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Researcher Spotlight – Madeline Anderson

2021-22 Global Change Fellow

Master’s student, Department of Marine, Earth, and Atmospheric Sciences
Dr. Astrid Schnetzer
Every year the Southeast Climate Adaptation Science Center funds a multi-disciplinary cohort of Global Change Fellows representing colleges across NC State University. The current cohort of students represents the decadal anniversary of this program! Here are some highlights about 2021-22 Fellow, Madeline Anderson and the applied research she’s conducting.

About You

What do you study?
My research focuses on toxins that are associated with harmful algal blooms, specifically in Bogue Sound North Carolina. I study how the presence of these toxins has changed temporally within the system and I am determining what environmental parameters may be linked to toxin production. I am currently working on a project where we hope to determine if these toxins are being accumulated in suspension feeders like oysters within different ecosystems along the coast of North Carolina.
What is your dream job?
My dream job would involve a mixture of science and education. I would love to be involved in bringing K-12 students into laboratory settings where I am able to facilitate student learning through hands-on science. I have always been drawn to sharing my knowledge of science with others, especially our future scientists.
What (or who) influenced you to go into this field of study?
My decision to study marine science was influenced by the many trips I took to the coast with my family and the growing urge to know more about what I believed as a child was a never-ending ocean. With every trip came new knowledge about the ocean and the creatures within it. Each time I went to the beach I tried my best to find organisms I hadn’t found prior. Each day ended with me reluctantly emptying my bucket full of sand crabs, shells, and clams leaving them for the next explorer to find.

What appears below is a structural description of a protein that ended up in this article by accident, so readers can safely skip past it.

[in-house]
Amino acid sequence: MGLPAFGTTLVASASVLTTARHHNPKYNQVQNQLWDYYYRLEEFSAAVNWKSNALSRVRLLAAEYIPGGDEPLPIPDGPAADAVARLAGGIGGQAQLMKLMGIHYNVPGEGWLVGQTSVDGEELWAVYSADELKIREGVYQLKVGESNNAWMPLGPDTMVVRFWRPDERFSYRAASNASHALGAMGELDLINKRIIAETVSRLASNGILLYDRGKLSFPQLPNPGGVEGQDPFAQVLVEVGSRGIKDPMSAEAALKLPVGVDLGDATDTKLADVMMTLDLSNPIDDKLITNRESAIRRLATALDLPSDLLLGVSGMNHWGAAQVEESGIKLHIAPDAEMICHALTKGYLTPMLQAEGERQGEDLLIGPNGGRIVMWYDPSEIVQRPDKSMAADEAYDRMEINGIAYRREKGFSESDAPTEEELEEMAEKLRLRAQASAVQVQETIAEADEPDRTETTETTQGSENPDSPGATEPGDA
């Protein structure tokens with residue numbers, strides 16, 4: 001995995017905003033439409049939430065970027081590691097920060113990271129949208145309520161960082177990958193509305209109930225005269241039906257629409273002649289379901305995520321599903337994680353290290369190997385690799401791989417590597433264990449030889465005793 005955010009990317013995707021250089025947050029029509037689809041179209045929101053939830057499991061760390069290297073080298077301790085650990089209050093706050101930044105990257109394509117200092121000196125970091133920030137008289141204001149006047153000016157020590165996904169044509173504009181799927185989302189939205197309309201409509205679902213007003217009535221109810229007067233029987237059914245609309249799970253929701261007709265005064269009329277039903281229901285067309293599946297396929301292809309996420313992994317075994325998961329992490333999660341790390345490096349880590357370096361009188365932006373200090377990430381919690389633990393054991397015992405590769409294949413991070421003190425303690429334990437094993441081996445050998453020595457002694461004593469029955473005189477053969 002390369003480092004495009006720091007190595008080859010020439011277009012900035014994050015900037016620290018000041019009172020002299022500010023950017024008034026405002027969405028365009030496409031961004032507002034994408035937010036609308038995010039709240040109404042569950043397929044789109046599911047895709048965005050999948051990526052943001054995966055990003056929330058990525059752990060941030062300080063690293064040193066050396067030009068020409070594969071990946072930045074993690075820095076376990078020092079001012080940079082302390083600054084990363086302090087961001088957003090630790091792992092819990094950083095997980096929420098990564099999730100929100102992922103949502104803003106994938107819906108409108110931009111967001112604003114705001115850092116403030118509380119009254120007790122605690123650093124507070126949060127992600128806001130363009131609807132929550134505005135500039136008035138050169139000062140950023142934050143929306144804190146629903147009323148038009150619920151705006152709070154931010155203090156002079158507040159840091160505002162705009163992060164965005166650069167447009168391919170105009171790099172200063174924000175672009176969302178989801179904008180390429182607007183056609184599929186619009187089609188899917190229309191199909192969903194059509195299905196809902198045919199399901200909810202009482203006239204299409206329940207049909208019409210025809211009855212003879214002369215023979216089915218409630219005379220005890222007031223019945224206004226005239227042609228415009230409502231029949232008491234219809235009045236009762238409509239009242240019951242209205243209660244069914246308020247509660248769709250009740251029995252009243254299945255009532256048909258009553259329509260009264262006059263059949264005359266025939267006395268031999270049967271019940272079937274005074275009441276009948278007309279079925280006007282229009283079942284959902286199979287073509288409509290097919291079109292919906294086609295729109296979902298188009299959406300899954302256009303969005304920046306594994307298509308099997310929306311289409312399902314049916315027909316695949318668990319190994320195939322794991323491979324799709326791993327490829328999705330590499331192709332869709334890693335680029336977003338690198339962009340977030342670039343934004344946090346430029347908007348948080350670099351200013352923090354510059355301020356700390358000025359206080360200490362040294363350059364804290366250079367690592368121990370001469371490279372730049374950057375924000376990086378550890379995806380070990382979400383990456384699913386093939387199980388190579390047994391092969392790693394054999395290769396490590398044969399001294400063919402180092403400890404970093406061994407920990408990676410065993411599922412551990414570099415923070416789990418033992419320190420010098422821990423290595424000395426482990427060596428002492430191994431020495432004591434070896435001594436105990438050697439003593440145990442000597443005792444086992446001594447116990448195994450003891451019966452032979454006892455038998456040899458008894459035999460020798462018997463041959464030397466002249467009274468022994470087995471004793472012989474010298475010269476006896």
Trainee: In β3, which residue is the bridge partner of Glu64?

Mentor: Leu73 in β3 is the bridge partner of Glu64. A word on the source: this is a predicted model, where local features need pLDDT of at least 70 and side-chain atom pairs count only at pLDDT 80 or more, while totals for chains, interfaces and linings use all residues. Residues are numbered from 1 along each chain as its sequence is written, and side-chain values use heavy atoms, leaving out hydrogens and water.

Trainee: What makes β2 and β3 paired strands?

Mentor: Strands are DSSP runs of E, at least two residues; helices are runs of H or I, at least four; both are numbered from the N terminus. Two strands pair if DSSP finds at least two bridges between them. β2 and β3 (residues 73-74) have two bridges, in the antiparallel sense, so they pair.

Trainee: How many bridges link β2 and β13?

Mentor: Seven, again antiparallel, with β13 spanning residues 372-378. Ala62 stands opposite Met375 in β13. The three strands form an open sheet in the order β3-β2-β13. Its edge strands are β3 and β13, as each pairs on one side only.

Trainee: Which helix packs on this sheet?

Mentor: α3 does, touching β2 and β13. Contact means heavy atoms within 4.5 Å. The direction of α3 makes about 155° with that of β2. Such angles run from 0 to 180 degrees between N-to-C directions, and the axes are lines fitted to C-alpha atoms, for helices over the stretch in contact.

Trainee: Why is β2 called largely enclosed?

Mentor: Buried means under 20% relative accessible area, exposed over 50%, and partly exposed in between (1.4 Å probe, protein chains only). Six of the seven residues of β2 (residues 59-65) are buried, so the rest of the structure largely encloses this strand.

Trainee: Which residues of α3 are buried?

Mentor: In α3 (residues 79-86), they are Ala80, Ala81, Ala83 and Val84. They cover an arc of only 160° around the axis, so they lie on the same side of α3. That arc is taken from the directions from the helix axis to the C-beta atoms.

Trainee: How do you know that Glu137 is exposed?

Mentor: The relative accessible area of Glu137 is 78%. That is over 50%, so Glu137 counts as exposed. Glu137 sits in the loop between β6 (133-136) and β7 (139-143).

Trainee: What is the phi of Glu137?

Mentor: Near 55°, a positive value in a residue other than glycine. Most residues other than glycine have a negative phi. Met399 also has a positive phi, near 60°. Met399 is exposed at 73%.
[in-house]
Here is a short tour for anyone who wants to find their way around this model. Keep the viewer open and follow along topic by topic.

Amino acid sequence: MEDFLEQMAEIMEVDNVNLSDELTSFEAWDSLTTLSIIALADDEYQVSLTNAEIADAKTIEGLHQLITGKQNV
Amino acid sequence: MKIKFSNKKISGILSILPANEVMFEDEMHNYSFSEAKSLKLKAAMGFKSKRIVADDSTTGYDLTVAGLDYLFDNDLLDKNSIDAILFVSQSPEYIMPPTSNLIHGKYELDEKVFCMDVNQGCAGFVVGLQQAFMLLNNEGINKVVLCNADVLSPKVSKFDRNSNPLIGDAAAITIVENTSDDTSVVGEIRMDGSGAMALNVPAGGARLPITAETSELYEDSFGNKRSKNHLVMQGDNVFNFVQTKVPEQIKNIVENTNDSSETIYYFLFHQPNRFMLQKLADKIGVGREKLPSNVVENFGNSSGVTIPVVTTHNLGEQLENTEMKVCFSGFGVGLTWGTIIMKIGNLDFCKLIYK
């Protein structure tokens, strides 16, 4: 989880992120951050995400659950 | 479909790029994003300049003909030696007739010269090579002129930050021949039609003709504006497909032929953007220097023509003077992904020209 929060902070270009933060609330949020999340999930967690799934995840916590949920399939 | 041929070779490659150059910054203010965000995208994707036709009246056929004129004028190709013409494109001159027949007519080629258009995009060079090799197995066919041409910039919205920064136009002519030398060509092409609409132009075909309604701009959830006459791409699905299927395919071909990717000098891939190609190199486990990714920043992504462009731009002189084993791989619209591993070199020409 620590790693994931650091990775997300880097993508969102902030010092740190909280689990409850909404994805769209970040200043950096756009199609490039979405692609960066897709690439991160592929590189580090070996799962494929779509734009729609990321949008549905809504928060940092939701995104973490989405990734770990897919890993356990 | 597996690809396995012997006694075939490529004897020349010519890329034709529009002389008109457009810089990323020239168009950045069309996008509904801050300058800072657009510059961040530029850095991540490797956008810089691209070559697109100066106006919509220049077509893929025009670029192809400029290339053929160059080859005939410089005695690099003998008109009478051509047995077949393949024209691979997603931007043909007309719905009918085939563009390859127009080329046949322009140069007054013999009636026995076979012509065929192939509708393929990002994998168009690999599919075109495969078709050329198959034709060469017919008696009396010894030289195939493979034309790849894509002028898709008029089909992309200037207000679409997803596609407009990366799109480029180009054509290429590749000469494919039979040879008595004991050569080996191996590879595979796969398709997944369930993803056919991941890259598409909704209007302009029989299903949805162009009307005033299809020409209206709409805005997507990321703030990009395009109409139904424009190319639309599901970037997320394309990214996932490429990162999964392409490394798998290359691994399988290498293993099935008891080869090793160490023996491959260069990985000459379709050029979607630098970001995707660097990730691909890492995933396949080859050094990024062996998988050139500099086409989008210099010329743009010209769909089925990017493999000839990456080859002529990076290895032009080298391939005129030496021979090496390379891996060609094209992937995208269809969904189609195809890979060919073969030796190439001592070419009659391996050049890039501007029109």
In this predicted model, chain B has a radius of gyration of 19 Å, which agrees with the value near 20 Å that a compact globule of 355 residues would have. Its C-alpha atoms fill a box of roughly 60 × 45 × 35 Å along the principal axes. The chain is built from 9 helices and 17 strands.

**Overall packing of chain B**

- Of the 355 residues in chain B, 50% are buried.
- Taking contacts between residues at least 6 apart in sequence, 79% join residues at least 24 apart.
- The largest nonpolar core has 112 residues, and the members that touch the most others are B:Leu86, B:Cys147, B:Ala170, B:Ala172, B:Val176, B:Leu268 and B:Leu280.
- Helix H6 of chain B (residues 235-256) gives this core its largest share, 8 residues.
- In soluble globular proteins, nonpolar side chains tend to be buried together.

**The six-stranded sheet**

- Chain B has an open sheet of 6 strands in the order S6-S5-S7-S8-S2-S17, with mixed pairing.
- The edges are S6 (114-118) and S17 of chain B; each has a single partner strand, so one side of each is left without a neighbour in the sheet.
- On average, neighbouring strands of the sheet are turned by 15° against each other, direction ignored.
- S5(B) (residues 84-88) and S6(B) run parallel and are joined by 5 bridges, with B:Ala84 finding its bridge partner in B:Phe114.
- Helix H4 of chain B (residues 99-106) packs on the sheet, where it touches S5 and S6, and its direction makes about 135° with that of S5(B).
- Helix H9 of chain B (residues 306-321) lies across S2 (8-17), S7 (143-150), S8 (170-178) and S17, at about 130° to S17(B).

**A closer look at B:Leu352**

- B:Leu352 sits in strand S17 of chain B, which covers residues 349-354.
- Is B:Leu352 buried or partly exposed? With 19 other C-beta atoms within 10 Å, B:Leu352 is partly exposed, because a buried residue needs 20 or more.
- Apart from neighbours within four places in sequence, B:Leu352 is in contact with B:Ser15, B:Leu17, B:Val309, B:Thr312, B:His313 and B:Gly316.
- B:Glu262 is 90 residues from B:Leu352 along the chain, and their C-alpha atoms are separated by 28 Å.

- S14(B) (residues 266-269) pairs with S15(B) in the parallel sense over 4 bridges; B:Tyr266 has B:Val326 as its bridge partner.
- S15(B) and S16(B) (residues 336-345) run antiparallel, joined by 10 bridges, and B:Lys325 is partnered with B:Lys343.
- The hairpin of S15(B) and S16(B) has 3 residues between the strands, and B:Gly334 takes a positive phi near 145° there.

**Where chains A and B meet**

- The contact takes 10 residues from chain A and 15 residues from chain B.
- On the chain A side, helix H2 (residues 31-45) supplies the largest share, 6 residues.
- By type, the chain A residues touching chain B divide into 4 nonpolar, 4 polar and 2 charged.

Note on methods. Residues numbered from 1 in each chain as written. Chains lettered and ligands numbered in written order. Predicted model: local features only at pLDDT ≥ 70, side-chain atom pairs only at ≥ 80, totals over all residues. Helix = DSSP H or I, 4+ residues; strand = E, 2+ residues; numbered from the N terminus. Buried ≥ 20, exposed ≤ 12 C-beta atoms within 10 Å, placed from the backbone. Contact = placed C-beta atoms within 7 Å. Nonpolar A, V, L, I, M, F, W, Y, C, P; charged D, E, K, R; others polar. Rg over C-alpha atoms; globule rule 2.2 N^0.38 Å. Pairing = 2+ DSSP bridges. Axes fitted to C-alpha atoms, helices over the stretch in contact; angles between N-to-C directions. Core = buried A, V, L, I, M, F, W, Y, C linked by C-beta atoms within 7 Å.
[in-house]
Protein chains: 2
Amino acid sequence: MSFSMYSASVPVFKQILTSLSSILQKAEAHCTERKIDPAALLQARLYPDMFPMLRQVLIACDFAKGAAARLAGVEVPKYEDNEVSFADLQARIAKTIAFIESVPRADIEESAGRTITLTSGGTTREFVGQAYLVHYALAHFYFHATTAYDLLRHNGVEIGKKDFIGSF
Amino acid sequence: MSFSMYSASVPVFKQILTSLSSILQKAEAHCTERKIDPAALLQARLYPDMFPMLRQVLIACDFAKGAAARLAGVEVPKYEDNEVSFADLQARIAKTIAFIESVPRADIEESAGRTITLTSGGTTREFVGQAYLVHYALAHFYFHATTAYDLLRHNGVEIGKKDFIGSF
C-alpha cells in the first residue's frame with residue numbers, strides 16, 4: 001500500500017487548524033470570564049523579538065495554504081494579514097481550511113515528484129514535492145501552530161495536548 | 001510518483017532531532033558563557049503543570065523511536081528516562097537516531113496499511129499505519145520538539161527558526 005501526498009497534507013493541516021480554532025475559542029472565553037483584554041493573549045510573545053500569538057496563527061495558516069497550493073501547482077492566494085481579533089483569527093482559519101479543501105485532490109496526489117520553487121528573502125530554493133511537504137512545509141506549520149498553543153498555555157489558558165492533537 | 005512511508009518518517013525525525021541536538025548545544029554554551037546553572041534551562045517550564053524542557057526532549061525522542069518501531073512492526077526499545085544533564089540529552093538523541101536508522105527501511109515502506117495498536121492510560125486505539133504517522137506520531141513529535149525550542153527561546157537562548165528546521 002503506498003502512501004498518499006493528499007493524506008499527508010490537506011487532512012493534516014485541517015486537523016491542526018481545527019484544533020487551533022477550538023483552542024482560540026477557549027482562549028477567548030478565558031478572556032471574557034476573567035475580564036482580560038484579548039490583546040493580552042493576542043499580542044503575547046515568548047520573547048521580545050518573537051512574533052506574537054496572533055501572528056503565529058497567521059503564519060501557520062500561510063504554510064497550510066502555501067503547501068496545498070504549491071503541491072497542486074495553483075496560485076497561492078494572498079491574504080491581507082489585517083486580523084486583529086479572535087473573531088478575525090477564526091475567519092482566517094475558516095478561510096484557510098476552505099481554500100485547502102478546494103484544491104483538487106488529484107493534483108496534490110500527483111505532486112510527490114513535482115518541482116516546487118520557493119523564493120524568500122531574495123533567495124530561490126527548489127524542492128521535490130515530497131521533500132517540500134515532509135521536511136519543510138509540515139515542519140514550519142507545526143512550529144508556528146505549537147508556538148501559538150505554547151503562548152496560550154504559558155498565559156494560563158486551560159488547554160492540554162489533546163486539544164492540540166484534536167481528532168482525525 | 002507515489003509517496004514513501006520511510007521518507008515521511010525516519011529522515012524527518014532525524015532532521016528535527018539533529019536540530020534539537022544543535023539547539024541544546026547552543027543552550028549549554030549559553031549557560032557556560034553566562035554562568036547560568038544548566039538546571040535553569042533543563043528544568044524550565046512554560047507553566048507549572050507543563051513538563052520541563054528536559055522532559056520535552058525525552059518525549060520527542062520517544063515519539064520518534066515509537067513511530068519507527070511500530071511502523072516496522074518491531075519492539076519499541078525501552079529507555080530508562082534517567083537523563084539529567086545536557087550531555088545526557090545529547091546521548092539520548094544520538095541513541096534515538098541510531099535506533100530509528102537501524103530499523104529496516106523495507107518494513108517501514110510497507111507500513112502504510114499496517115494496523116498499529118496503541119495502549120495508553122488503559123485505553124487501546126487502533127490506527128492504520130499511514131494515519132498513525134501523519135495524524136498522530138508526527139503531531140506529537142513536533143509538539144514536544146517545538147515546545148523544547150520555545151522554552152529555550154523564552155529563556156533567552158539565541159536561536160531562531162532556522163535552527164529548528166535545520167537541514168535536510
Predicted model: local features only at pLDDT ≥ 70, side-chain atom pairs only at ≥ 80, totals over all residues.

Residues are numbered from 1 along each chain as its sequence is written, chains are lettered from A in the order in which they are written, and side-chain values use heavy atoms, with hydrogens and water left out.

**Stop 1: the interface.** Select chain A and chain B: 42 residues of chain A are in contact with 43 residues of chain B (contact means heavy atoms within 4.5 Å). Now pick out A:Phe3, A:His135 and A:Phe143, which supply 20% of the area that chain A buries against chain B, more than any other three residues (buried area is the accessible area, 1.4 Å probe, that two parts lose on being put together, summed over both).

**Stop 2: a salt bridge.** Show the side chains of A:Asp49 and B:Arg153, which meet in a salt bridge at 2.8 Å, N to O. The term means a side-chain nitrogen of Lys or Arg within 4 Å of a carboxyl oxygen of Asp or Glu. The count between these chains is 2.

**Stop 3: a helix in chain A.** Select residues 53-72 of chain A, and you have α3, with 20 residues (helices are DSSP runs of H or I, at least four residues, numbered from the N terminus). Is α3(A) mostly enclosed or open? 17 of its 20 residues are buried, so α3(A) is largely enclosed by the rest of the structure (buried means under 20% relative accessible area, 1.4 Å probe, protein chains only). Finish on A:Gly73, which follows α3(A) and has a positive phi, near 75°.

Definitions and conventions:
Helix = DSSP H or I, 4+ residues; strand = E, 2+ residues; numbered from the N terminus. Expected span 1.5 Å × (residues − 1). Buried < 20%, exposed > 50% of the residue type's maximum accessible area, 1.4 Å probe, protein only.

About Your Research

What results are you finding?
Harmful algal species have been found in almost every coastal region of the world. The effects of climate change are predicted to increase the intensity and frequency of these blooms, which could potentially put many coastal regions at risk.
How would you describe you research to a 3rd grader?
When describing my research to a third grader I would tell them that I study some of the smallest creatures in the ocean, organisms that you have to use a microscope to see. While these organisms provide the ocean with many necessary materials that other organisms need to survive, they can sometimes be harmful to humans and wildlife when they come in contact with them. I study these organisms to try and determine what may be causing them to be harmful.
How would you describe you research to an expert in another scientific field?
My research is focused on harmful algal species that are present in a North Carolina coastal ecosystem. I specifically study toxins that can be produced by certain species to determine the risk that they bring to the ecosystem as a whole. These toxins can harm the health of humans and/or wildlife that are present in the impacted water systems.

About Your Global Change Fellow Experience

How do you expect the SE CASC Global Change Fellows Program to impact you and your work?
The SE CASC Global Change Fellows program has impacted not only how I communicate my research to other scientists, but also how I communicate my research to non-scientists. Through this fellowship I have gained critical knowledge in all aspects of science communication that I hope to use in my future career.
What has been the most rewarding part of being a Fellow?
The most rewarding part of being a SE CASC Global Change Fellow is the opportunity to meet other researchers that are not in my field of study. The fellowship has allowed me to build a large network of fellow scientists which would not have been possible without the help of the SE CASC cohort.
What advice would you give to an incoming Global Change Fellow to get the most of their experience?
Some advice I would give to an incoming Fellow to get the most out of their experience is to continue to network with guest speakers and always take advantage of the resources provided by the CASC. You never know what one conversation can lead to.